Foster selected as teacher of the year by Bloomfield – Essex News Daily

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Photo by Daniel Jackovino
Bloomfield Teacher of the Year Laura Foster is pictured with her second grade class at Watsessing Primary School.

BLOOMFIELD, NJ — After 21 years in the district, Laura Foster, a second-grade teacher at Watsessing Elementary School, has been selected as the Bloomfield School District’s Teacher of the Year.

A 1997 graduate of Bloomfield High School, Foster attended and was promoted from Brookdale Elementary and Bloomfield Middle schools. She graduated from Caldwell College in 2001 and began her teaching career at Watsessing this fall. She has worked with principals Lou Clerico, Mary DiTrani and Gina Rosamilia; Rosamilia is the current headmistress of the school. To be considered District Teacher of the Year, Foster first had to be selected as Watsessing Teacher of the Year, an accolade she previously achieved under DiTrani.

Growing up in the Bloomfield school system, Foster said her sixth grade teacher, Elaine Faller, was a big influence on her.

“It was just for someone to understand you and take the time to get to know you as a person and not just as a student,” she said. “I think that was Elaine’s true nature.”

Foster knew from an early age that she wanted to influence and guide children. She cared for them as a babysitter and as the director of Bloomfield’s summer camp. In high school, she led an early childhood class for preschoolers and planned their lessons.

“Working with 4-year-olds really made me think I wanted to do this,” she said.

In college, she double majored in elementary education and psychology. While still at BHS, because she was so immersed in school sports, her influences moved from the classroom to the playground. She played softball and soccer and was coached by Bob Mayer .

“I think it’s the friendships that have been made while playing these sports,” she said. “In high school, I definitely focused more on sports.”

Foster taught first, second, and third grades, and sometimes she taught the same students in consecutive grades. Unsurprisingly, some of the students she taught in consecutive years stayed in touch with her.

Although she had to learn a new curriculum from year to year, getting to know a student and seeing them grow year after year far outweighed the challenges she encountered learning a new curriculum, she declared.

“Having experience teaching first, second and third grades, and now being in the middle of second grade, I know where they should be,” she said. “I know the expectations and I can set them high.”

For the past 17 years, Foster has held the fort as a second-grade teacher.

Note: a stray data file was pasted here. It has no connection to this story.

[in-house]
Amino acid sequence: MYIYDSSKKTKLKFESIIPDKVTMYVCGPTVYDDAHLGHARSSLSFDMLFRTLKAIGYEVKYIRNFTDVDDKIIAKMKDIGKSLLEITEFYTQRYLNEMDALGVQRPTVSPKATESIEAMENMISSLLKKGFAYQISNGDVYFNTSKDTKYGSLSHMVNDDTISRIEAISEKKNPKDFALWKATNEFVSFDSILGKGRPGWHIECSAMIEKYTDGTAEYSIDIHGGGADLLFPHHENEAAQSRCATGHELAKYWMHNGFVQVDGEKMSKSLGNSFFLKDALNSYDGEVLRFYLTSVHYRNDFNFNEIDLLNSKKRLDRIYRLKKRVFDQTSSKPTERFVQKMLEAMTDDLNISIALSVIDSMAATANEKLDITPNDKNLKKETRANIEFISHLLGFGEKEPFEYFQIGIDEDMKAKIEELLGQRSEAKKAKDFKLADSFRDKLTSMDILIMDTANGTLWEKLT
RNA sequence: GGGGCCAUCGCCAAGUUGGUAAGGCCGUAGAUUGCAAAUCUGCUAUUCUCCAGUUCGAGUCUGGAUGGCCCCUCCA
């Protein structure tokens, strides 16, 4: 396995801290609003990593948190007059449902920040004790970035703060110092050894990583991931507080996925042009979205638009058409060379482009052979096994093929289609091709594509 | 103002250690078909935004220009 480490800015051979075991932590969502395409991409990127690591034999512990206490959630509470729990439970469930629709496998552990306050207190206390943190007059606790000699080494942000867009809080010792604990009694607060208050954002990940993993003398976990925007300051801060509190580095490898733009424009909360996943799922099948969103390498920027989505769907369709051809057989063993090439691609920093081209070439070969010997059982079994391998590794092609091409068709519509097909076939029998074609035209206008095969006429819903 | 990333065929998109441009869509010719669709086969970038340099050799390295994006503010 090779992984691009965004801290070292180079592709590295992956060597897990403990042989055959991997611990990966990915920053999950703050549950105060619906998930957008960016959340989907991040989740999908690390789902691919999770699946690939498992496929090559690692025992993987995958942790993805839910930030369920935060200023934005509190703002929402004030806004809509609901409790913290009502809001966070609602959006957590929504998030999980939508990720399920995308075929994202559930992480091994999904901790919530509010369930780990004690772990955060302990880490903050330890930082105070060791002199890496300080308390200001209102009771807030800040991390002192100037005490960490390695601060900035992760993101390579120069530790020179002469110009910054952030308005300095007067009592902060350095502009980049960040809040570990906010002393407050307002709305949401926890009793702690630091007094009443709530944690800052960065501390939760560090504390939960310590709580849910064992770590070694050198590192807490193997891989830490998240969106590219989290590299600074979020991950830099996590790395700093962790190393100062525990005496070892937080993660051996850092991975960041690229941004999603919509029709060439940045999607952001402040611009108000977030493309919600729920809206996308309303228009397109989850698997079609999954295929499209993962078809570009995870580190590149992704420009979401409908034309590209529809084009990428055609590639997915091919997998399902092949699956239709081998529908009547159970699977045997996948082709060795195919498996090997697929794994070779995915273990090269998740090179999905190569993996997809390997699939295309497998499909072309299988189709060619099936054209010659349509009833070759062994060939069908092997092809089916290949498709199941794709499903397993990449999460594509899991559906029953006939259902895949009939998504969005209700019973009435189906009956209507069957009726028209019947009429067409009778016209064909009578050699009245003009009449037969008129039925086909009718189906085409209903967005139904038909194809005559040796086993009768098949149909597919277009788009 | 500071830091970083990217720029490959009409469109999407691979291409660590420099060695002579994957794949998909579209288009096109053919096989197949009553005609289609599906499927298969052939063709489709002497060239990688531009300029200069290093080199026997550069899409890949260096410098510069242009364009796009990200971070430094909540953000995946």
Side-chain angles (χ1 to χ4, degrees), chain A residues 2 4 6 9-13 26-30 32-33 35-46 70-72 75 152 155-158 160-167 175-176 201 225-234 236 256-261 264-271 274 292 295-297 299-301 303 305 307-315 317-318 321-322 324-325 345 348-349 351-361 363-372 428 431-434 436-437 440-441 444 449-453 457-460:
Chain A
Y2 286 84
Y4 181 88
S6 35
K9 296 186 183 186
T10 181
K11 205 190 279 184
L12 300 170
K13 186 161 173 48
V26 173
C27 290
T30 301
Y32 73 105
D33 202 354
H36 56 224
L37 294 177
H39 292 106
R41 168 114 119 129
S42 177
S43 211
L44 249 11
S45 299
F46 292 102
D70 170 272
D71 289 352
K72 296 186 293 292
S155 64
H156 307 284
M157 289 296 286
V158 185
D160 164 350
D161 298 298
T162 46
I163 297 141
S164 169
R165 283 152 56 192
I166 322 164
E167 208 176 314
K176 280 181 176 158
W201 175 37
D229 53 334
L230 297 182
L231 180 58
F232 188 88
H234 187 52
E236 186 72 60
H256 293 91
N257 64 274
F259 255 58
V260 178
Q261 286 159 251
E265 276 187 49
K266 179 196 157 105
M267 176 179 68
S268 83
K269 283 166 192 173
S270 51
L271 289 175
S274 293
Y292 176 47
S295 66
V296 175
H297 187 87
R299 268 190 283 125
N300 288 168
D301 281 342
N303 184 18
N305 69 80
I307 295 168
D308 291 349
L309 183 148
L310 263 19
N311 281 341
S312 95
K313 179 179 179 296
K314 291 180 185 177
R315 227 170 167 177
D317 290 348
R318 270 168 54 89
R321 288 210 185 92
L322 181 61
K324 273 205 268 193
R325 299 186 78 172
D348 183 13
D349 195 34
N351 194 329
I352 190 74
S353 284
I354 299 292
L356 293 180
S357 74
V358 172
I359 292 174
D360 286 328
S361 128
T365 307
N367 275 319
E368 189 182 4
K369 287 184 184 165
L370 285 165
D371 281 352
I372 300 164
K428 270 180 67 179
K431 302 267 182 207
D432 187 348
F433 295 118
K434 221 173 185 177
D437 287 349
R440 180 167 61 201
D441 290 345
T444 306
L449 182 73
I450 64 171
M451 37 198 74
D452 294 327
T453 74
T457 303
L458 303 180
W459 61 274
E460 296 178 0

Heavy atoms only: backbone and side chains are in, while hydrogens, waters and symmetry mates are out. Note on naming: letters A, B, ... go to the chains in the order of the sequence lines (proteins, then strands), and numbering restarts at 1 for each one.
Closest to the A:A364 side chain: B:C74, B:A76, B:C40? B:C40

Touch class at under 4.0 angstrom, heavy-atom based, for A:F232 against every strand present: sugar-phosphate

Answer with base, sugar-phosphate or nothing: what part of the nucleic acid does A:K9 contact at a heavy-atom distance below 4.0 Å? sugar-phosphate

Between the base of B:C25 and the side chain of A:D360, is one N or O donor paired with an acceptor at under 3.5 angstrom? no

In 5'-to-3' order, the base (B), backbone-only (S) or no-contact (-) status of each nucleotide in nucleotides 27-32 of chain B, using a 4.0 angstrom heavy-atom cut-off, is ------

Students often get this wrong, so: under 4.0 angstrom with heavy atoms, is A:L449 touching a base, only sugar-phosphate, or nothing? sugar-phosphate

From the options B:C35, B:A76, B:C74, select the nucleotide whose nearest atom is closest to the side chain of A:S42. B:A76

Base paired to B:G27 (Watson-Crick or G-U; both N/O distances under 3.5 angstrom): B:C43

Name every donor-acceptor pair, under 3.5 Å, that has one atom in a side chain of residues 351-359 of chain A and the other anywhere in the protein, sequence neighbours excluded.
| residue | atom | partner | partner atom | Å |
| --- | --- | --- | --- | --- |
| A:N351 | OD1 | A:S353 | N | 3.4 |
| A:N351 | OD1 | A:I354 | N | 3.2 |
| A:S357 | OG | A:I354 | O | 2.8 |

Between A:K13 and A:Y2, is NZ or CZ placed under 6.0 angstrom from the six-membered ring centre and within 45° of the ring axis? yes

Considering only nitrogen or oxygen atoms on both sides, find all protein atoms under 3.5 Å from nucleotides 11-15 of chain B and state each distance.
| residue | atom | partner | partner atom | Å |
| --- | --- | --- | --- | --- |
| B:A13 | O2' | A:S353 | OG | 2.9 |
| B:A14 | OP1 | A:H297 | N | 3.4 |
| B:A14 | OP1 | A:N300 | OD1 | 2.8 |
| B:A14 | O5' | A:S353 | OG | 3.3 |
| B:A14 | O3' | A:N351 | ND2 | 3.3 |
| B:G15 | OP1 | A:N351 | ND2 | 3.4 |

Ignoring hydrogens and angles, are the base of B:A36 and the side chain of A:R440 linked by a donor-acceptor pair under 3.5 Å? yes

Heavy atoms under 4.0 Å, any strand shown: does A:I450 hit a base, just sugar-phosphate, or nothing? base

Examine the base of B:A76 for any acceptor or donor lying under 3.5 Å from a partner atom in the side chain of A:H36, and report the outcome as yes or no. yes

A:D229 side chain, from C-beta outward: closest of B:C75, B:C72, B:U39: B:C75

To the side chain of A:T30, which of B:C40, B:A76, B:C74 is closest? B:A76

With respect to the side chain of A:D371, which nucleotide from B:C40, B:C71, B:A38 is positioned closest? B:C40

Foster said being a good teacher comes from mutual respect.

“To earn respect from students, you have to be willing to show that respect,” she said. “A good teacher must also be aware that not all students learn in the same way, and the teacher must find that particular way.”

Foster said she’s most proud of her work with the Wingman program, a district-wide social-emotional learning program in which students mentor each other.

However, the more things change, the more they stay the same, and Foster said that throughout his career nothing has changed in teaching.

“Kindness always comes first,” she said. “The claims are still there. There has been a shift towards a child’s socio-emotional development. It’s definitely moved.

She explained that, along with other factors, the COVID-19 pandemic had a big impact on students’ ability to connect with their peers, as they were unable to hang out and play.

“Our outside world has changed a lot,” she said.

Foster said that when she was growing up, her twin brother went to school with her, her neighborhood was her family, and trust had to be built between neighbors.

“Sophomores are at an incredible age, like little sponges, learning who they are as individuals and fully absorbing everything that is taught to them academically and socially,” she said. “The reward is seeing them practice either an academic concept or a social issue, or talking to them about kindness and seeing them do an act of kindness.”

Foster said it’s important for students to talk about controversial topics, have a voice, and for teachers to answer their questions so they know sharing their feelings is okay.

“The hope for a teacher is to create a safe and fun environment,” Foster said. “If a student wakes up and can’t wait to go to school, that’s the biggest reward. I wake up and I feel this. The day I don’t, I’ll stop teaching.

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